Adult Dentistry | Child Dentistry | Orthodontics | Oral Hygiene | Gum Disease | Tooth Restoration | Tooth Replacement | Cosmetic Dentistry | Baby Teething
Simply Teeth.com
About adult teeth and gums, tooth growth and eruption, caring for teeth and gums, tooth repair or replacement, cosmetic dentistry and adult orthodontics, dental pain and pain control, oral medicine and general dental subjectsInformation on children's teeth and gums, tooth eruption and childhood growth, caring for a child's teeth and gums, tooth repair and children's orthodontics, mouth pain and pain control in children, childhood dental subjects and oral medicineDental terminology dictionary for definitions of dental termsA to Z reference index of dental subjectsA guide to dental insuranceLegal disclaimer for SimplyTeethTeeth and dental information for adults and children, dental care guide and dentistry information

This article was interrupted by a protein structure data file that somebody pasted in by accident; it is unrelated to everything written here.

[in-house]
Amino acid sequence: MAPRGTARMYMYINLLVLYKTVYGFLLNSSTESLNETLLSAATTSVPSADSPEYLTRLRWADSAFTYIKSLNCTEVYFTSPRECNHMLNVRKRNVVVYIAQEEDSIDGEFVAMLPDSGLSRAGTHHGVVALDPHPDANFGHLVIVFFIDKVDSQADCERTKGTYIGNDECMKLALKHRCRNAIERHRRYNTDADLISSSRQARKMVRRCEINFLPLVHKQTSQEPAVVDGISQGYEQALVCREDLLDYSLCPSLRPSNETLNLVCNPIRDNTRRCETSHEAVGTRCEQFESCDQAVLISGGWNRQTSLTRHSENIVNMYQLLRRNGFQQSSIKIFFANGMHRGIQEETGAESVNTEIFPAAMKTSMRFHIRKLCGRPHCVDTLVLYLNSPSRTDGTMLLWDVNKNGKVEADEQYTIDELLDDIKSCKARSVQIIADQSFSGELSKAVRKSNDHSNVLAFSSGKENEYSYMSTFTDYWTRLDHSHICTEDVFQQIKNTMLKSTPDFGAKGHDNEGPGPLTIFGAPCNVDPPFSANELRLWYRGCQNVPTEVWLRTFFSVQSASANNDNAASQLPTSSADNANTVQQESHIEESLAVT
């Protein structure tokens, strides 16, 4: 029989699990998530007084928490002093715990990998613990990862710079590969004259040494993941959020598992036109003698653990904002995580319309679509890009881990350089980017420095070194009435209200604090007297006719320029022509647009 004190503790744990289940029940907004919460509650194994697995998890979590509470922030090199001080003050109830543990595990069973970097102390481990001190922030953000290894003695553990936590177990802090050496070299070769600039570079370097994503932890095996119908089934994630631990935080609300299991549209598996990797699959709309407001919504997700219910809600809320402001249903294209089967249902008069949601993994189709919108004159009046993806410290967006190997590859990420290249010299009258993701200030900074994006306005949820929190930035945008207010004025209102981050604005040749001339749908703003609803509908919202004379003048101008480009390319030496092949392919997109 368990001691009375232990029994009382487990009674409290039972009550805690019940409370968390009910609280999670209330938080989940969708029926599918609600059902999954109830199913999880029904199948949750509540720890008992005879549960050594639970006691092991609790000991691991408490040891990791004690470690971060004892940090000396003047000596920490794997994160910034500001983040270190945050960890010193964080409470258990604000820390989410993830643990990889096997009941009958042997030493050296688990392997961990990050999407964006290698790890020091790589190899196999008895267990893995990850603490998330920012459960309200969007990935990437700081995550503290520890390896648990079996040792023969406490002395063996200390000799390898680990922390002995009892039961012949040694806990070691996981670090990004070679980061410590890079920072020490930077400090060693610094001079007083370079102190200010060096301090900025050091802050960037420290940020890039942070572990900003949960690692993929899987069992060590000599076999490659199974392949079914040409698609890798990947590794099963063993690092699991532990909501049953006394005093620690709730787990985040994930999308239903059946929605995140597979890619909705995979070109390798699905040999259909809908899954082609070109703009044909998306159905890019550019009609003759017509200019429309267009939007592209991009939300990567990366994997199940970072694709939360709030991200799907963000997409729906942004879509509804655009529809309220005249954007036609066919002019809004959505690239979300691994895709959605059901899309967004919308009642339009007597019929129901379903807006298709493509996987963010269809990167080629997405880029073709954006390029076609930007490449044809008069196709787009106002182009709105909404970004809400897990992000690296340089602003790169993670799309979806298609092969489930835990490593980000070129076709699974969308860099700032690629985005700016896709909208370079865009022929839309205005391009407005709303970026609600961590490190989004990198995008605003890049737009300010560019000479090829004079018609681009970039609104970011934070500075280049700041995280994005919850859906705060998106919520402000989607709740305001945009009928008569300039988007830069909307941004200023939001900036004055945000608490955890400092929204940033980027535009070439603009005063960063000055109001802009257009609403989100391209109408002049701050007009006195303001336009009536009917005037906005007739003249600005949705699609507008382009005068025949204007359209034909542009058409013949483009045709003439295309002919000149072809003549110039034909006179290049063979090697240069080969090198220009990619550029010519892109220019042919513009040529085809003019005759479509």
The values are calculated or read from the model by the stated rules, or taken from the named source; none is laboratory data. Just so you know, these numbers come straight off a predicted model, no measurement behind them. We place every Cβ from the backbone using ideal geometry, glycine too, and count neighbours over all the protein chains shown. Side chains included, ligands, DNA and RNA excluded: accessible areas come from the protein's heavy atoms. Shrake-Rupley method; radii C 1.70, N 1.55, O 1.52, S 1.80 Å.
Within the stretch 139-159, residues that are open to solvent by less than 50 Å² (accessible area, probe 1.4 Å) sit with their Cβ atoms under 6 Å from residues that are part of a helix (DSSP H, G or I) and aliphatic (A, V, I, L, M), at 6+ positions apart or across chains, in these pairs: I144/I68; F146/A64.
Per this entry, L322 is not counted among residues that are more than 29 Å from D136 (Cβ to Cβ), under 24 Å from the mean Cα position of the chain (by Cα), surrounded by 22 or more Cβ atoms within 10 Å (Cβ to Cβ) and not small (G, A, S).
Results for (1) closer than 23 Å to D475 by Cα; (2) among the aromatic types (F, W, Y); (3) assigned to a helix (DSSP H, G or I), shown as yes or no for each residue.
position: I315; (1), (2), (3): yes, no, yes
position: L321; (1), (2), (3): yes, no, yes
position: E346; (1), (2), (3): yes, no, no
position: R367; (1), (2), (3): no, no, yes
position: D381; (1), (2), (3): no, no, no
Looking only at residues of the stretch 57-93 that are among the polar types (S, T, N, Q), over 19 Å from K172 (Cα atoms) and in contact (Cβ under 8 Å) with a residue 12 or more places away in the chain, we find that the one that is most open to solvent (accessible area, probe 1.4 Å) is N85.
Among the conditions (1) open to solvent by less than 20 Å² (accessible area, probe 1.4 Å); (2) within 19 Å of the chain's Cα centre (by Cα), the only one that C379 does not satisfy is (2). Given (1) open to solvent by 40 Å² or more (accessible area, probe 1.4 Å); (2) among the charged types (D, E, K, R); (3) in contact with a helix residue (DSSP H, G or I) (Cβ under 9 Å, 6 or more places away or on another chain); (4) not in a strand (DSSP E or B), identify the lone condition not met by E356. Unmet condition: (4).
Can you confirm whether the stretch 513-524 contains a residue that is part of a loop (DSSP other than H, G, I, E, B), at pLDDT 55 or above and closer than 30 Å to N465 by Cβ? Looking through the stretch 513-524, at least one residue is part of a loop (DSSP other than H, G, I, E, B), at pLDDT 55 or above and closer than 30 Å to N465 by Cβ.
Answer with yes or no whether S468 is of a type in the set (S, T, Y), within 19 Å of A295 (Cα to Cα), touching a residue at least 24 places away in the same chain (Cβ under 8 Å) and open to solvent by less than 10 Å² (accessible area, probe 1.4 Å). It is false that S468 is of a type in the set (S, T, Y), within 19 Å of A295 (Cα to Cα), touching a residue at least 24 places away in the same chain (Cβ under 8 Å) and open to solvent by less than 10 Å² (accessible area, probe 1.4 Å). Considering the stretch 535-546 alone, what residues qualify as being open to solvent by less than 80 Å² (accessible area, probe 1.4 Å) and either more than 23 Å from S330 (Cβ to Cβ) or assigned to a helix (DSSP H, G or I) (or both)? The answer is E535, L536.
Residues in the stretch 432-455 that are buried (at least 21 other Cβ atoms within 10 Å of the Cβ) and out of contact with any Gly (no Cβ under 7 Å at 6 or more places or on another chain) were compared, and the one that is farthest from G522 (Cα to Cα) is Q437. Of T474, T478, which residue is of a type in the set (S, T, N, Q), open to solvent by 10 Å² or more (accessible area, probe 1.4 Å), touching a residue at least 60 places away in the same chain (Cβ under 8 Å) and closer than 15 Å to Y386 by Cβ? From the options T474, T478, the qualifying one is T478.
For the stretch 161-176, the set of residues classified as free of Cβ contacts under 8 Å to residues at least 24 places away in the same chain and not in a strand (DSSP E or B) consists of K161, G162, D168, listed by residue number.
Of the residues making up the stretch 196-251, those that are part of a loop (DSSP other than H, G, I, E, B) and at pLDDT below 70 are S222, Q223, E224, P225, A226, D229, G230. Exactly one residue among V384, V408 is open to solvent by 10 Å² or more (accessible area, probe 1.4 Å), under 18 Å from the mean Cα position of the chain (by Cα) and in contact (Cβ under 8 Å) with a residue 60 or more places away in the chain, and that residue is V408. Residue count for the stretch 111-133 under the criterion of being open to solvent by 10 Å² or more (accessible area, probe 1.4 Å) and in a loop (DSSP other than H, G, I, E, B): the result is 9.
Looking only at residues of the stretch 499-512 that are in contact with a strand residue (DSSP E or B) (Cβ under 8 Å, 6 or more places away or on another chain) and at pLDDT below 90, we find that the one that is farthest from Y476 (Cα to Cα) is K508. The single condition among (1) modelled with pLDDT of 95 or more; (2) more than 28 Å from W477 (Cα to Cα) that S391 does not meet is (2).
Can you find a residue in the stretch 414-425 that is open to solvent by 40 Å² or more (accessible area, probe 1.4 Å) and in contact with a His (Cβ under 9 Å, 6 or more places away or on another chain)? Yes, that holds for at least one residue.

childList
1. Category

 

Google
>
>
Section Questions and Answers

Gum Disease (Periodontal Disease) In Children

"Safe and effective measures exist to prevent the most common dental diseases ... dental caries and periodontal diseases... These measures include daily oral hygiene procedures." - U.S. Surgeon General's Report

  1. What does "periodontal" mean?
  2. Which are the periodontal tissues?
  3. What is periodontal disease?
  4. What causes periodontal disease?
  5. What are dental plaque, calculus and tartar?
  6. What else can cause gingivitis and periodontitis?
  7. What other periodontal problems can children develop?
  8. What can I do to protect my children from periodontal disease?
  9. How is gingivitis treated?
  10. How is gingival enlargement treated?

 
1. What does "periodontal" mean?

  • Periodontal means "surrounding the teeth". Peri means around or surrounding, while dontal refers to teeth.
  • The tissues surrounding the teeth are called Periodontal tissues.
  • A Periodontist specialises in treatment of the periodontal tissues.

Return to Questions

 
2. Which are the periodontal tissues?